Okay, so this race is which of the following?
a) A gravel road triathlon with an ugly dog contest included;
b) A race where athletes have to run with their ugly dogs;
c) A event sponsored by a distillery with an interesting name.
d) All of the above.
The answer is (c) but this was the first year for this event, so who knows what could happen in the future? In the meantime, read on to see how “green and clean” a gravel road race can turn out!
Sustainability Report: Ugly Dog Triathlon
Date: September 7, 2019
Event company: Epic Races, Ann Arbor MI
Location: Portage Lake/Waterloo Recreation Area, Grass Lake, MI
# Attendees: 140 runners
Zero Waste Team size: 2 (Captain: Janette Lutz)
Results: 91.9 percent landfill diversion
Compostables: 22.8 lbs. Recyclables: 45.5 lbs. Landfill: 6 lbs.
The Ugly Dog Triathlon has a variety of race options each featuring varying mileage of gravel or paved bike courses. The main events include a sprint triathlon, aquabike, and duathlon with 29 or 10 mile gravel bike distances offered. Athletes can also choose the “Pretty Dog” option with a 10 mile paved road.
All races are completed and the area is cleaned up by early afternoon.
Zero Waste Plan
Zero Waste stations (compost, recycle, trash) were set up near the centrally located registration and food tent near the finish line. “Ground Zero” was conveniently set up next to the food tent in a walled enclosure of the recreation building.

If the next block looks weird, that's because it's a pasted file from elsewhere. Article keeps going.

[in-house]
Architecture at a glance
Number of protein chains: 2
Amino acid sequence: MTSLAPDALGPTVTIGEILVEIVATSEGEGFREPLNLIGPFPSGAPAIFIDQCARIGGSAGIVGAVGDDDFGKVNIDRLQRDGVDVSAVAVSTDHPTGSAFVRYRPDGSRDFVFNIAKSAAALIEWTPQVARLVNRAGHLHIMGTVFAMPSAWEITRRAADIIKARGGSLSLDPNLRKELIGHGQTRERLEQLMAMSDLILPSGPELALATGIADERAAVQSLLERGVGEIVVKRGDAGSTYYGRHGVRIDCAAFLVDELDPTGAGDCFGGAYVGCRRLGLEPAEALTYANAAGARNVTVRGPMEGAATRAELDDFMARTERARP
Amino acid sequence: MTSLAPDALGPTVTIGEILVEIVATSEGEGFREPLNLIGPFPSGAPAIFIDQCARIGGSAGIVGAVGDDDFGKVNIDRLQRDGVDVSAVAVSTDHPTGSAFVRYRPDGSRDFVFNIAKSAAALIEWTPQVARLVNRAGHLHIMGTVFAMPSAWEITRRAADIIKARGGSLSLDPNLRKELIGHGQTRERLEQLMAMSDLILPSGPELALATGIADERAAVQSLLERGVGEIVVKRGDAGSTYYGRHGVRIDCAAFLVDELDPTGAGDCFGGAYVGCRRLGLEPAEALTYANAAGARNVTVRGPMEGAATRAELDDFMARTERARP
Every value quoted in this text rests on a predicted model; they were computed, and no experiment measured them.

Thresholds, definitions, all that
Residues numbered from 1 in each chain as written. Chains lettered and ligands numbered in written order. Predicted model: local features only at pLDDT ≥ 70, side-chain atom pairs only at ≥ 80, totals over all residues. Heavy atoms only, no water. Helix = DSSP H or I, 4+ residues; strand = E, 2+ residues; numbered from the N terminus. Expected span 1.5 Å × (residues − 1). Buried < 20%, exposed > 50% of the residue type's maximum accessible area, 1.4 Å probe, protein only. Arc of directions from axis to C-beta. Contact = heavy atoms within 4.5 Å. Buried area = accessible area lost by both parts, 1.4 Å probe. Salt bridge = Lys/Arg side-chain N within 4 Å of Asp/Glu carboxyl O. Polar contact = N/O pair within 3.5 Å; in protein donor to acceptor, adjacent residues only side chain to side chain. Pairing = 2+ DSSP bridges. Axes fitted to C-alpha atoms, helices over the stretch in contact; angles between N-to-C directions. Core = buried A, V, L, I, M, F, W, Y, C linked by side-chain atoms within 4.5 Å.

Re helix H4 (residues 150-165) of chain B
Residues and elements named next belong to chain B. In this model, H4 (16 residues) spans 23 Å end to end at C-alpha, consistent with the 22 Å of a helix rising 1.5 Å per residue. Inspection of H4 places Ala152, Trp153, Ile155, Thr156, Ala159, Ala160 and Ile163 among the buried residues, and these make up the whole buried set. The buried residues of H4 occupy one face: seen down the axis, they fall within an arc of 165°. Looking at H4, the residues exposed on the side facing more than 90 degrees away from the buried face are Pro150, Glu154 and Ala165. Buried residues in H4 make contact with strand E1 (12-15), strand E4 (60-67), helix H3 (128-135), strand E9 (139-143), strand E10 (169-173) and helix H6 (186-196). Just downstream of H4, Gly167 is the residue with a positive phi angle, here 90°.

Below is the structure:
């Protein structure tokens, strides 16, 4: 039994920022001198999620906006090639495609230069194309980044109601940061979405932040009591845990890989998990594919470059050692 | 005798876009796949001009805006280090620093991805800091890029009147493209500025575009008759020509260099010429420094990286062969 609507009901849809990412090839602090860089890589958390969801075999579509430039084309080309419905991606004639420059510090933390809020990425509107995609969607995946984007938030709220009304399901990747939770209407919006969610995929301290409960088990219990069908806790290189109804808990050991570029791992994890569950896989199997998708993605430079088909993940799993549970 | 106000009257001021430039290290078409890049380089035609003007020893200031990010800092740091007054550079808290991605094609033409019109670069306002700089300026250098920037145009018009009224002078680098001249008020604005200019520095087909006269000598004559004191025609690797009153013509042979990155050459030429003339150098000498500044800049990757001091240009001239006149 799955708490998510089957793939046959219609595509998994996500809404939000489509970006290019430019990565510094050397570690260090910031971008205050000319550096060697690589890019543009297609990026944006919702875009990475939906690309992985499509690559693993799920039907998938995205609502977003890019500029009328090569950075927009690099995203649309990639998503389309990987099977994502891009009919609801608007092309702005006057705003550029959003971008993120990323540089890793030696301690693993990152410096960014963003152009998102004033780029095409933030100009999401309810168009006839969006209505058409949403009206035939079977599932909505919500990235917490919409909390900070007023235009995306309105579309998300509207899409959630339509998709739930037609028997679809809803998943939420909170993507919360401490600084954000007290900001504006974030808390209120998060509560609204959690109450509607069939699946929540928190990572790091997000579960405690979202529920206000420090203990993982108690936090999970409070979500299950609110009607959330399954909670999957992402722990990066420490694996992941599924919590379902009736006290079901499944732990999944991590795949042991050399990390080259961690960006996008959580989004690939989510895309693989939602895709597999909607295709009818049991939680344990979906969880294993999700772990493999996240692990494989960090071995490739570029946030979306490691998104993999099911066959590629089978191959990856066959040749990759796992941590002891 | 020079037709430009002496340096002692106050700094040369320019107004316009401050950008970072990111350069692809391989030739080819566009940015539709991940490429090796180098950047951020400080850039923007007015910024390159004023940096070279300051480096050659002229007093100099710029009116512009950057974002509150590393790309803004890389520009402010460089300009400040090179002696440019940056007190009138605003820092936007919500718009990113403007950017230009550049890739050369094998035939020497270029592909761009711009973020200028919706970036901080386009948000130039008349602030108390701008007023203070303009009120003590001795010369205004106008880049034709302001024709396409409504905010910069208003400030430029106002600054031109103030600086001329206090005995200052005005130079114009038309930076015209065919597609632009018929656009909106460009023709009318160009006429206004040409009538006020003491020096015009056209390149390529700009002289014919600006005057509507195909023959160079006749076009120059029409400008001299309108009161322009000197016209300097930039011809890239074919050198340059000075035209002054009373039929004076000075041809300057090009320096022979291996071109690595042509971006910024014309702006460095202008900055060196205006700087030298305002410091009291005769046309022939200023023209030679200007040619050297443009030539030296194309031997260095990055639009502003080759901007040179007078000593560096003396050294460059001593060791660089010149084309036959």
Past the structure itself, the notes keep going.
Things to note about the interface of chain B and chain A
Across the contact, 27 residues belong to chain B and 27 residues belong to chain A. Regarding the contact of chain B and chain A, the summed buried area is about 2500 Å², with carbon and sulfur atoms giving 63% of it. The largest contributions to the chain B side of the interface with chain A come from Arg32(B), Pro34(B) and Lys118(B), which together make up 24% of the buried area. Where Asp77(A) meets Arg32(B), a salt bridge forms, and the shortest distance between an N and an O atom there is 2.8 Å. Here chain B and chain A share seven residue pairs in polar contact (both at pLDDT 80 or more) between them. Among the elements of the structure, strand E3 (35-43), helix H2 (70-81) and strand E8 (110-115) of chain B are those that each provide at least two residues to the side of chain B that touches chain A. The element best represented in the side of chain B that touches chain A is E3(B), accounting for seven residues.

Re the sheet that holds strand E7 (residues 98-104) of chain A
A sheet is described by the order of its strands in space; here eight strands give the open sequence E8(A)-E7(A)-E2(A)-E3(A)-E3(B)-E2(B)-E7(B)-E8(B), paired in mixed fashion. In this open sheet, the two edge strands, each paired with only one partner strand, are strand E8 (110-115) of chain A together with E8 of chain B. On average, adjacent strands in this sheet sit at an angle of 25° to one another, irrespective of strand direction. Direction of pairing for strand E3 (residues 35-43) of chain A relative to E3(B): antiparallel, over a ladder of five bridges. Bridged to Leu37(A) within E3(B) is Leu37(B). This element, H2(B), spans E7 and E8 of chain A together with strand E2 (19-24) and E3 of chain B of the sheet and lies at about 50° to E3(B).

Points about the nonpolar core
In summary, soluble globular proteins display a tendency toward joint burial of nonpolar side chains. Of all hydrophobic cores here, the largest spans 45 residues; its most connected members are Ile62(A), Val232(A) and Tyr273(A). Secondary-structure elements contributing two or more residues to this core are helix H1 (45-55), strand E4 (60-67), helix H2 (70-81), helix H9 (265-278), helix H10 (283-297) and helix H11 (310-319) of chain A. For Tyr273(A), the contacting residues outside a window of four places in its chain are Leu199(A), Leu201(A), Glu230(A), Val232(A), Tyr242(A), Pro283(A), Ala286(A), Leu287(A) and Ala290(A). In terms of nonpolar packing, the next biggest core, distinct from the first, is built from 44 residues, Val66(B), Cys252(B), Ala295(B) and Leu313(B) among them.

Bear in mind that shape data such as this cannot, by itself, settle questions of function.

Food included egg and cheese burritos (assembled on-site), peanut butter wraps, bananas, pancakes and syrup, chips, and puppy chow. Cups of water were handed out at aid stations and the finish line. “Summer Spritzer” aka the Ugly Dog Distillery dispensed their colorful spirits under the food tent.
What Went Well
Six variations of zero waste stations, all placed within the compact finish line/food tent area, allowed close monitoring and sorting success.
A time trial start produced a slow and steady parade of athletes through the finish line and food tent, so nearly constant monitoring of the six stations was possible by a two-person Green Team. The volunteer tended the two stations nearest the end of the food area, which resulted in almost no time required to sort at the end of the day.
The main race activities are located directly next to the recreation area building and restrooms which contain multiple trash cans. It was difficult to determine which trash containers should be closed off to separate the race waste from general park waste.
Puppy chow was served in plastic wrappers tied with a plastic coated twisty tie, so effort was made to sort the ties from the recycling bins.
Opportunities for Improvement
Bring headlamps for setting up in these later season races. This will allow earlier identification and separation of park waste containers.
Report and photos by Janette Lutz.